Preventive Dept. issues scabies alert

The Preventive Health Department (PHD) has received a report from health care providers that there are approximately 30 cases of scabies within the community. 

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The PHD recommends that parents, care givers and adults in general closely observe their children as well as themselves for signs of rash, pimples or mosquito bites, and to consult their general practitioner. Practicing good hygiene is also a good preventative measure.

Scabies is an infestation of the skin with a microscopic mite. Infestation is common, found worldwide, and affects people of all races and social classes.

Scabies spreads rapidly under crowded conditions where there is frequent skin-to-skin contact between people, such as in hospitals, child-care facilities, and nursing homes.

Persons at risk for severe infestation are people with a weakened immune system and the elderly. This severe infestation is called Norwegian or crusted scabies.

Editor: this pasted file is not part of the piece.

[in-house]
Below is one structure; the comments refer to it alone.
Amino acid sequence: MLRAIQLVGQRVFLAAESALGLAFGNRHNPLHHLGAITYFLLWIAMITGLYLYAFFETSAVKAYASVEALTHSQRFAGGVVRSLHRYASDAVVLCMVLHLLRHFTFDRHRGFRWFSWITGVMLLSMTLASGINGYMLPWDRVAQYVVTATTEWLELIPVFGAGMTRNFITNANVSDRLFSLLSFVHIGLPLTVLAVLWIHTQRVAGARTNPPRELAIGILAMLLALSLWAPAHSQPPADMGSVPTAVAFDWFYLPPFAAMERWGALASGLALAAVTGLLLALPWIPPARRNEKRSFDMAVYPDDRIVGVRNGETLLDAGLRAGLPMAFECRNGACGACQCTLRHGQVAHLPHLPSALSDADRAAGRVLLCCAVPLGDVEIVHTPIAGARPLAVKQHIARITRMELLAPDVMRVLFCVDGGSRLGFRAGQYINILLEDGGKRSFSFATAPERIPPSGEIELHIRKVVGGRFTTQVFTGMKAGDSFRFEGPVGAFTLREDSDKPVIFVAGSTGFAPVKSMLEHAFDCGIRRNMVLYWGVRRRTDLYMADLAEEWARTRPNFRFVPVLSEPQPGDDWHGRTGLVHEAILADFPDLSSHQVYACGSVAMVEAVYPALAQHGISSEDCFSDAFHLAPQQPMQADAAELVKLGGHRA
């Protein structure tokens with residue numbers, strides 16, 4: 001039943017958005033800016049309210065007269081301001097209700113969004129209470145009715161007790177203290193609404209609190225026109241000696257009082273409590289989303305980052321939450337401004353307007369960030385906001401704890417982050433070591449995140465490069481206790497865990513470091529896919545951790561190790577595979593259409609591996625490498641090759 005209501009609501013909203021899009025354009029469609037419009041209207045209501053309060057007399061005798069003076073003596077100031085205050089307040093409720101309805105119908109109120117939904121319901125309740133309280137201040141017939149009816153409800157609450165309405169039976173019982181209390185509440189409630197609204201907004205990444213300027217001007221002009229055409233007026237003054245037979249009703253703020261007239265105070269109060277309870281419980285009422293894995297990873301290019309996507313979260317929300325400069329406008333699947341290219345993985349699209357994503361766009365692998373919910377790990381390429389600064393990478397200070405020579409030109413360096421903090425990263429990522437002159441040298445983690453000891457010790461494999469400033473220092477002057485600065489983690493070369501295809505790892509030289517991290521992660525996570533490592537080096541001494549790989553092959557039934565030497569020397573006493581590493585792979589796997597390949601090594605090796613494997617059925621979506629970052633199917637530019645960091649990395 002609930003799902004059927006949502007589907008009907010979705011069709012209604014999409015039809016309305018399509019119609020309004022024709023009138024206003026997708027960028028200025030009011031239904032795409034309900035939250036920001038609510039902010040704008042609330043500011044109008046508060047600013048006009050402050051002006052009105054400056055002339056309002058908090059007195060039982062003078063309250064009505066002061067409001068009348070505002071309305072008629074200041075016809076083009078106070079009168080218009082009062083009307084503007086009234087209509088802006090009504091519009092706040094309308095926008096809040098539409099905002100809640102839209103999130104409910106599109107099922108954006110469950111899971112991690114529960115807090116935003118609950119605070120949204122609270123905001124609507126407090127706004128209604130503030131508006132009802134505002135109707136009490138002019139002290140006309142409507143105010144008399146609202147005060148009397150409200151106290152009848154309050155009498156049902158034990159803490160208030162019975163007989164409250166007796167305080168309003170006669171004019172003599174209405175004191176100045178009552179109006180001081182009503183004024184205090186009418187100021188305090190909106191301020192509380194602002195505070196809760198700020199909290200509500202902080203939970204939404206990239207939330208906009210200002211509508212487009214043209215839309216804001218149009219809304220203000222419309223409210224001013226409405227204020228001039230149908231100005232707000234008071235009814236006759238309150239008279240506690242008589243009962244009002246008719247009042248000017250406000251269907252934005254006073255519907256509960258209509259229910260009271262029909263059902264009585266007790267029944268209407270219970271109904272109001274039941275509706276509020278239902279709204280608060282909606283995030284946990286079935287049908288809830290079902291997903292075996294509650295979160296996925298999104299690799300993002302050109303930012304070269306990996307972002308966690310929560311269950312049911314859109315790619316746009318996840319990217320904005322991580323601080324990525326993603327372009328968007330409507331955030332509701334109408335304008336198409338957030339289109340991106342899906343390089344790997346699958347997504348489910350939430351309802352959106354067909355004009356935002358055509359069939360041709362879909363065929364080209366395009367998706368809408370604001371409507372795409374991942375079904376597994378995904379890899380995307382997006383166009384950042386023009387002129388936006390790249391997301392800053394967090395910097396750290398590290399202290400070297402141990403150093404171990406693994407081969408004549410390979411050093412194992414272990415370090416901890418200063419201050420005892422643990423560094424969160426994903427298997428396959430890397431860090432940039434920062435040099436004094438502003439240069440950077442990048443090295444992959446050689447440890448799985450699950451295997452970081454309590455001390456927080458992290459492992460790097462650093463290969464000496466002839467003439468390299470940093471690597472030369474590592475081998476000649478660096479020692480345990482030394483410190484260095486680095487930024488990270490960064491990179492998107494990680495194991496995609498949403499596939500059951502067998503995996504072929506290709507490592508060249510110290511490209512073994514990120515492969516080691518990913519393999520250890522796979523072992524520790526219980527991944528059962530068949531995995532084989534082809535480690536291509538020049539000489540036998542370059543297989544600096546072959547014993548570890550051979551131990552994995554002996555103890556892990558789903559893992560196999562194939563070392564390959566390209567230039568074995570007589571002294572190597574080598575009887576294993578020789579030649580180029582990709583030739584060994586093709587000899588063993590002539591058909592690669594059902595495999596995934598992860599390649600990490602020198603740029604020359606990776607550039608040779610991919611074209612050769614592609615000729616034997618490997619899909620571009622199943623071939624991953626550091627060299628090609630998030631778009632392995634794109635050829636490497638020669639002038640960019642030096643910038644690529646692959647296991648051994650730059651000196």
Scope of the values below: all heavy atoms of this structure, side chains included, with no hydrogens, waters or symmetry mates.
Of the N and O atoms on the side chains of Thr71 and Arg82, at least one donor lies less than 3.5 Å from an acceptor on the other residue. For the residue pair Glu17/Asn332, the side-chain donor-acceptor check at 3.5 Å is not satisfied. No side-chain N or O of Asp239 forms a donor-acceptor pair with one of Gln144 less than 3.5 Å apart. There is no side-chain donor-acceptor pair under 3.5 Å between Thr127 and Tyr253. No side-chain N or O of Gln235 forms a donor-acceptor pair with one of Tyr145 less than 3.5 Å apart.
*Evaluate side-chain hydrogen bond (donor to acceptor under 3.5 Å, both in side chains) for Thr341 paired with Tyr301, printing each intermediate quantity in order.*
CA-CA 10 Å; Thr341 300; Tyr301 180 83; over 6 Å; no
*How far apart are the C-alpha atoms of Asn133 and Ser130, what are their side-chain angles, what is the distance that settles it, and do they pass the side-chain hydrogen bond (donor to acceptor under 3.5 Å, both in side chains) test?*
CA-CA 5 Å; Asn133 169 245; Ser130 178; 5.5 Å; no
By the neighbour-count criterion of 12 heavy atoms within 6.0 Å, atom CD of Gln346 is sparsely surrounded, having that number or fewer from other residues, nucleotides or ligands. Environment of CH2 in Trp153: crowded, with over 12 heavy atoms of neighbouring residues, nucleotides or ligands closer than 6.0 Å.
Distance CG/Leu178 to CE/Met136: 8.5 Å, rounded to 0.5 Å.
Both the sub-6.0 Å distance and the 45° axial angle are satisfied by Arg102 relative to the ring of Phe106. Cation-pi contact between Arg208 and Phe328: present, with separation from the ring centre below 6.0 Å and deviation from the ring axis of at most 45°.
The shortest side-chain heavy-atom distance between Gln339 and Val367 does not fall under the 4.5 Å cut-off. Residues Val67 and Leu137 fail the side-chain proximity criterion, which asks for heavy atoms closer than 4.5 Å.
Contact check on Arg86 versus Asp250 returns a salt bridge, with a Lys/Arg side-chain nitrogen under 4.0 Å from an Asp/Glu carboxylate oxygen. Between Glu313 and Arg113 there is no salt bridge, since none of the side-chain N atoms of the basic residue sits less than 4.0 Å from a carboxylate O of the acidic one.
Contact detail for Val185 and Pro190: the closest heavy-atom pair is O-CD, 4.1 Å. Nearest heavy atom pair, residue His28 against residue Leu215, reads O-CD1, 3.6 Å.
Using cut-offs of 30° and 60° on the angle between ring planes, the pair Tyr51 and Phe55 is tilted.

For a person who has never been infected with scabies, symptoms may take four to six weeks to begin. For persons who have had scabies in the past, symptoms appear within several days.

Signs and symptoms of scabies are: a pimple-like irritation, burrows or rash of the skin, especially the webbing between the fingers; the skin folds on the wrist, elbow, or knee; the penis, the breast, or shoulder blades.

There is intense itching, especially at night and over most of the body. Sores on the body are caused by scratching; these sores can sometimes become infected with bacteria.

Scabies can be treated with several lotions. Once you have the symptoms, you should visit your family physician who can prescribe the appropriate lotion for treatment.

Persons who have close and prolonged contact with a person who has scabies should also be treated. A quick handshake or hug will usually not spread infestation.

Infestation is easily spread to sexual partners and households members. Infestation may also occur by sharing clothing, towels, and bedding. Treatment should be taken at the same time in order to prevent re-infestation.

Once you receive treatment, itching may continue for two to three weeks, and this does not mean that you are still infested.

The PHD adds that pets do not spread scabies.

Persons seeking additional information should contact Preventive Health Department at telephone numbers: 542-3003 or 542-3553.